Pharmacists can identify risks and talk to patient about them.

By Kajal Mistry

Gastrointestinal discomfort is a very common complaint and although most of the time it’s easy to manage and short-lived, some people will experience regular discomfort.

It’s a really broad spectrum and there are a range of different symptoms and ways to treat them. Some conditions can lead to further complications or become worse over time, so it’s really important that patients can access advice and support when they need it. That’s where community pharmacy comes in.

Most digestive problems can be tackled by changes to lifestyle habits like diet and exercise. There are some more complex conditions that require patients to receive repeat prescriptions which brings its own challenges for pharmacy teams.

Minor symptoms

Most gastrointestinal symptoms are relatively minor and easily treated with over-the-counter (OTC) medicines. For example, indigestion and acid reflux can be treated with antacid products.

Things like heartburn or constipation might appear straightforward to resolve, but they can cause a lot of discomfort and even pain when left untreated.

Patients with this kind of indigestion may be dealing with a variety of symptoms, especially while lying down; excessive burping; flatulence, and a painful burning sensation in the chest, especially after eating.

This can affect their mood, sleeping patterns and general wellbeing. As pharmacists, we have an opportunity to talk to patients about how they manage these symptoms, especially to those who experience them more frequently.

We can use these conversations to provide advice and suggest various OTC products that might be useful, depending on the situation and the patient’s condition or their existing medication. It’s always worth checking what else they’re taking before suggesting something new.

Patients presenting with symptoms of IBS (Irritable Bowel Syndrome) are likely to be in a lot of discomfort and may ask their pharmacist for help. Not everyone with IBS needs treatment, but some can be relieved using medicines like mebeverine or hyoscine. It’s important to work out what the best course of action is for each individual patient – you can’t take a one size fits all approach.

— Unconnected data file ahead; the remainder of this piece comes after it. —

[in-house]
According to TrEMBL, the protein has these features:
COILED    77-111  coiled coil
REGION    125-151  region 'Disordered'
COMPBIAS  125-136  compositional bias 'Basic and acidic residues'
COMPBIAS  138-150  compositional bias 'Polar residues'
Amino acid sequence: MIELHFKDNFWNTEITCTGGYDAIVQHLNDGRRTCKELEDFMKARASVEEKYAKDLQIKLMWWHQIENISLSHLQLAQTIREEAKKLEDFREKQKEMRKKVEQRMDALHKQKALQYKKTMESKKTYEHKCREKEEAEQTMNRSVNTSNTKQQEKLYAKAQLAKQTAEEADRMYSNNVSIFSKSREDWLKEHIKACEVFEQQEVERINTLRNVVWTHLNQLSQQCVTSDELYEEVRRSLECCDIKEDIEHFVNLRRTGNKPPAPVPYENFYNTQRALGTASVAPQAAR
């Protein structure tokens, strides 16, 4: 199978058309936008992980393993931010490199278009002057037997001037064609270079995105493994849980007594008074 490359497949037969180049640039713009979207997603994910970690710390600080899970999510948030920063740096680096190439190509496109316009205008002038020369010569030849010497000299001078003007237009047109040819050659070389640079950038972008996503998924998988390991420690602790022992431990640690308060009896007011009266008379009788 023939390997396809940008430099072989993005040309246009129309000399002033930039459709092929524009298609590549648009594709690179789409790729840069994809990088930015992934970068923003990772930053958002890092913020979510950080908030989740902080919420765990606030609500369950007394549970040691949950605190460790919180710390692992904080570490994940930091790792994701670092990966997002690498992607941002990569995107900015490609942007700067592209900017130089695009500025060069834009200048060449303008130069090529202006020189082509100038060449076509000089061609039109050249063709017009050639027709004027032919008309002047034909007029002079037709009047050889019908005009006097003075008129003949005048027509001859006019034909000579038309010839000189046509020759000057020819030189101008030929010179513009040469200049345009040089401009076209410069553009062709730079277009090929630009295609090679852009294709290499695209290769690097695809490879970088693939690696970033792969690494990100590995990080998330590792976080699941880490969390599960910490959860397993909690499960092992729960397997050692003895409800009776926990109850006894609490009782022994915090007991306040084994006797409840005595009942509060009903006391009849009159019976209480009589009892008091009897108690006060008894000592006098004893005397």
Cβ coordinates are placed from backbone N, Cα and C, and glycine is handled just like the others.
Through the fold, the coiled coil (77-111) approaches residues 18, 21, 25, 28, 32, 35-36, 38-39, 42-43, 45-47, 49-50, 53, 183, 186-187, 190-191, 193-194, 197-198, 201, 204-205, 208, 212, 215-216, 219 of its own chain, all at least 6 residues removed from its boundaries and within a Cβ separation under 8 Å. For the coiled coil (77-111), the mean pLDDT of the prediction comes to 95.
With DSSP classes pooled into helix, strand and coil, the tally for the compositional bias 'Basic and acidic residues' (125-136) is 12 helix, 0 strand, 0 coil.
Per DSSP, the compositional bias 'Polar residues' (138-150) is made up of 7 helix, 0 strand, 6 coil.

Complex cases

When dealing with patients that have more complicated gastrointestinal issues, it’s vital to listen and try to understand the full picture of their condition. In the past I have found that it is even necessary to take on more of a counselling role for some patients who are coming to terms with having a serious illness.

This is a good way of building relationships with patients and ensuring that they come back to your pharmacy for help and advice when they need it. There are some patients that feel like they have to cope on their own or just get over the discomfort, but that can lead to further complications. So, it’s important that people understand where they can go for help.

Pharmacy teams interact with patients every single day and when some people are coming in regularly with the same complaints, it’s easy to spot patterns. If someone is constantly struggling with heartburn or IBS then it could be a sign of something else and pharmacists are ideally placed to identify these risks and talk to the patient about them.

From a clinical perspective, it can be quite a stimulating challenge to work out how best to support patients with more serious cases. As well as understanding their medicines regime and identifying any possible interactions, you may need to speak with their GP to discuss the best course of treatment and help with monitoring the progression of the illness.

More severe conditions like ulcerative colitis and Crohn’s disease can be treated with medicines such as budesonide, prednisolone and mesalazine.

Facts

  • One in 5 people in the UK experience IBS at some point in their lives
  • Four in 10 will have at least one digestive symptom in their lives
  • One in every 650 in the UK have Crohn’s disease

Role of pharmacies

Pharmacists should be seen as the go-to place for most gastrointestinal issues. Some of the symptoms can be quite vague and most of the time it isn’t necessary to visit a GP.

As professionals, we can advise and provide guidance on the use of OTC products for gastrointestinal discomfort, and we can spot when the condition is getting worse and needs further attention. For example, if any gastrointestinal symptoms are worrying or last longer than about two weeks, the patient should make an appointment to see their doctor.

Being healthcare hubs within the community, pharmacies and their teams are there to help raise awareness and understanding of digestive health and how to manage gastro discomfort.

Kajal Mistry is with Healthcare and NHS Pharmacy Services at McKesson UK.

This article also appears in the November issue of Pharmacy Business.

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